As of yesterday, abortion pills will be available by mail nationwide — at least in states without specific bans in place. On December 16, the Food and Drug Administration lifted a long-standing requirement that the medications must be procured directly from a provider. This is great news for patients who might otherwise have to drive hours to the nearest clinic (or who simply want to stay home during a pandemic or who enjoy convenience), though many states with scant access have already implemented regulations around telemedicine abortion. This is disappointing for lots of reasons, chief among them the success of TelAbortion pilot programs, which, over the past few years, have proved the obvious to be true: Medication abortion is just as safe whether you see your doctor on your computer screen or in their office.
Medication abortion is authorized up to ten weeks into pregnancy, which is when the majority of abortions occur anyway. In 2019, the most recent year for which CDC data is available, just under 93 percent of nationally reported procedures took place in the first trimester (before 13 weeks). That same year, over 42 percent of all reported abortions in the U.S. were medication abortions. A patient takes two drugs: First comes mifepristone, or Mifeprex, which blocks the body’s production of the pregnancy hormone progesterone and cues the uterine lining’s detachment. Then comes misoprostol, which triggers the uterine contractions that expel the pregnancy.
Although the complication rate for medication abortion is very low (under 0.5 percent), the FDA classed Mifeprex in its Risk Evaluation and Mitigation Strategy program in 2011, a designation for “certain medications with serious safety concerns.” That meant Mifeprex had to come directly from a clinic, hospital, or doctor. But earlier this year, the Biden administration waived that requirement for the duration of the pandemic. Now, the agency says it has “conducted a comprehensive review of the published literature, relevant safety, and adverse event data,” along with “information provided by advocacy groups, individuals, and the applicants” in reaching its decision. Which, about time.
Still, 19 states require a clinician to be physically present when a patient takes the first pill. Additionally, the Guttmacher Institute’s Elizabeth Nash told the New York Times that, just this year, six states have prohibited pills by mail, seven have introduced requirements obligating patients to get them from a doctor, and four have narrowed the window in which medication abortion is available. These are, overwhelmingly, the same midwestern and southern states that have piled logistical restrictions on clinics and/or instituted unconstitutional bans on the procedure itself. Texas, for example, bans medication abortion after seven weeks as of December 7, which falls in line with its vigilante ban on all abortions after about six weeks. Texas providers who prescribe the pills via telemedicine or mail can be jailed for doing so.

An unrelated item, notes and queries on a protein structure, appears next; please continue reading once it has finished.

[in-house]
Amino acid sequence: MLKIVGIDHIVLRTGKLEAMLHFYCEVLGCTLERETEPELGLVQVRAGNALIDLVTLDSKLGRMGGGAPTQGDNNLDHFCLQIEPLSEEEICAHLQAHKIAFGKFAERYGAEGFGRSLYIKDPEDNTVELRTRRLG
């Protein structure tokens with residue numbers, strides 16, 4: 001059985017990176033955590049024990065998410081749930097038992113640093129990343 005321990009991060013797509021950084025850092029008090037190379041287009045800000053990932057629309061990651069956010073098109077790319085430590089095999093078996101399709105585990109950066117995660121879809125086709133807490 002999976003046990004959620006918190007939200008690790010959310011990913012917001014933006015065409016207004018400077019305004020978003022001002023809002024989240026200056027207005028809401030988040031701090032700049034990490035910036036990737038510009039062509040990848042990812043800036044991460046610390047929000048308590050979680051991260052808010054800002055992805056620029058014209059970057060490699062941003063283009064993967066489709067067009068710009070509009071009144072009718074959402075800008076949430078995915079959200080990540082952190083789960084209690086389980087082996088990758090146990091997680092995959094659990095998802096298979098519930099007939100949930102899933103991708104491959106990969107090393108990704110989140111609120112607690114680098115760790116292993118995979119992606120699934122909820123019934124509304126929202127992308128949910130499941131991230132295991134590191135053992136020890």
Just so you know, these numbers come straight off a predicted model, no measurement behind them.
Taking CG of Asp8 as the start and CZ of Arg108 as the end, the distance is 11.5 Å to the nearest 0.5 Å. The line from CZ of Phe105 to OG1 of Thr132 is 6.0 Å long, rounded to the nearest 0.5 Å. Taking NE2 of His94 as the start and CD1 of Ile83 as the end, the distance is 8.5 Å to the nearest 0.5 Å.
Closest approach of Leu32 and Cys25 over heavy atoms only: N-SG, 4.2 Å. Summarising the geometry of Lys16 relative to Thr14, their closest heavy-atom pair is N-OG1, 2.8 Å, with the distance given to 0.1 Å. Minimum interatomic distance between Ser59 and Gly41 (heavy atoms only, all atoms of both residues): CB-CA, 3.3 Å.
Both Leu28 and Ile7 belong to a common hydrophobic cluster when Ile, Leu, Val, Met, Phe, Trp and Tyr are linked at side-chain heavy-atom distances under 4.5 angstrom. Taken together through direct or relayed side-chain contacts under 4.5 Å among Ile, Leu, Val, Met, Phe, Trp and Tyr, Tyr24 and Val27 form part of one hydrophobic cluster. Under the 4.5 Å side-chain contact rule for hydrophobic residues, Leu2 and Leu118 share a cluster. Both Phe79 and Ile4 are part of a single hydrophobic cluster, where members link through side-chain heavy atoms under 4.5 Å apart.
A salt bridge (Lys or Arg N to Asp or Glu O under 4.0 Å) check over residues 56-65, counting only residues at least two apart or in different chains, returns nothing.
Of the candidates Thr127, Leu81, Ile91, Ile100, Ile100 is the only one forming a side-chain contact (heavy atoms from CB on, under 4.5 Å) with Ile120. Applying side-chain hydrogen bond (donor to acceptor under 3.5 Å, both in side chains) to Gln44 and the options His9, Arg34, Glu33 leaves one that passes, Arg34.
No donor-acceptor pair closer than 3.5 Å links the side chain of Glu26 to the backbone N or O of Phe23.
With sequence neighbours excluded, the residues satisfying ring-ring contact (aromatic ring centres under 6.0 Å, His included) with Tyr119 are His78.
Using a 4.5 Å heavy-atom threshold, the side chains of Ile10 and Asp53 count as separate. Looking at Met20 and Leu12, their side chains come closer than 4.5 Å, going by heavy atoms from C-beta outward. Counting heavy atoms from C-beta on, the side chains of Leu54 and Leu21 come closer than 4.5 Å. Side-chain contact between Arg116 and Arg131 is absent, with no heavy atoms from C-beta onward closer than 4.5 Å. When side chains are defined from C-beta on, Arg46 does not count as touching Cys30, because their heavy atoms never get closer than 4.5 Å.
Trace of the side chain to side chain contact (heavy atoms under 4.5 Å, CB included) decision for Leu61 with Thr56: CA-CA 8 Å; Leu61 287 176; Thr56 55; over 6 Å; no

As the U.S. Supreme Court prepares to reconsider the terms set by Roe v. Wade, the provision of medication abortion by mail becomes crucially important: Were the Court to reset the deadline for legal abortion at 15 weeks, for example — nearly two months earlier than the current viability standard — prospective patients would have to navigate more hurdles in a shorter time period if they wanted to access abortion in person. The ability to consult a doctor on your phone, then go to the pharmacy or your mailbox, cuts through a lot of that red tape. Per the Times, some blue states — including California and New York — plan to expand telehealth services to help people in states trying to end the practice.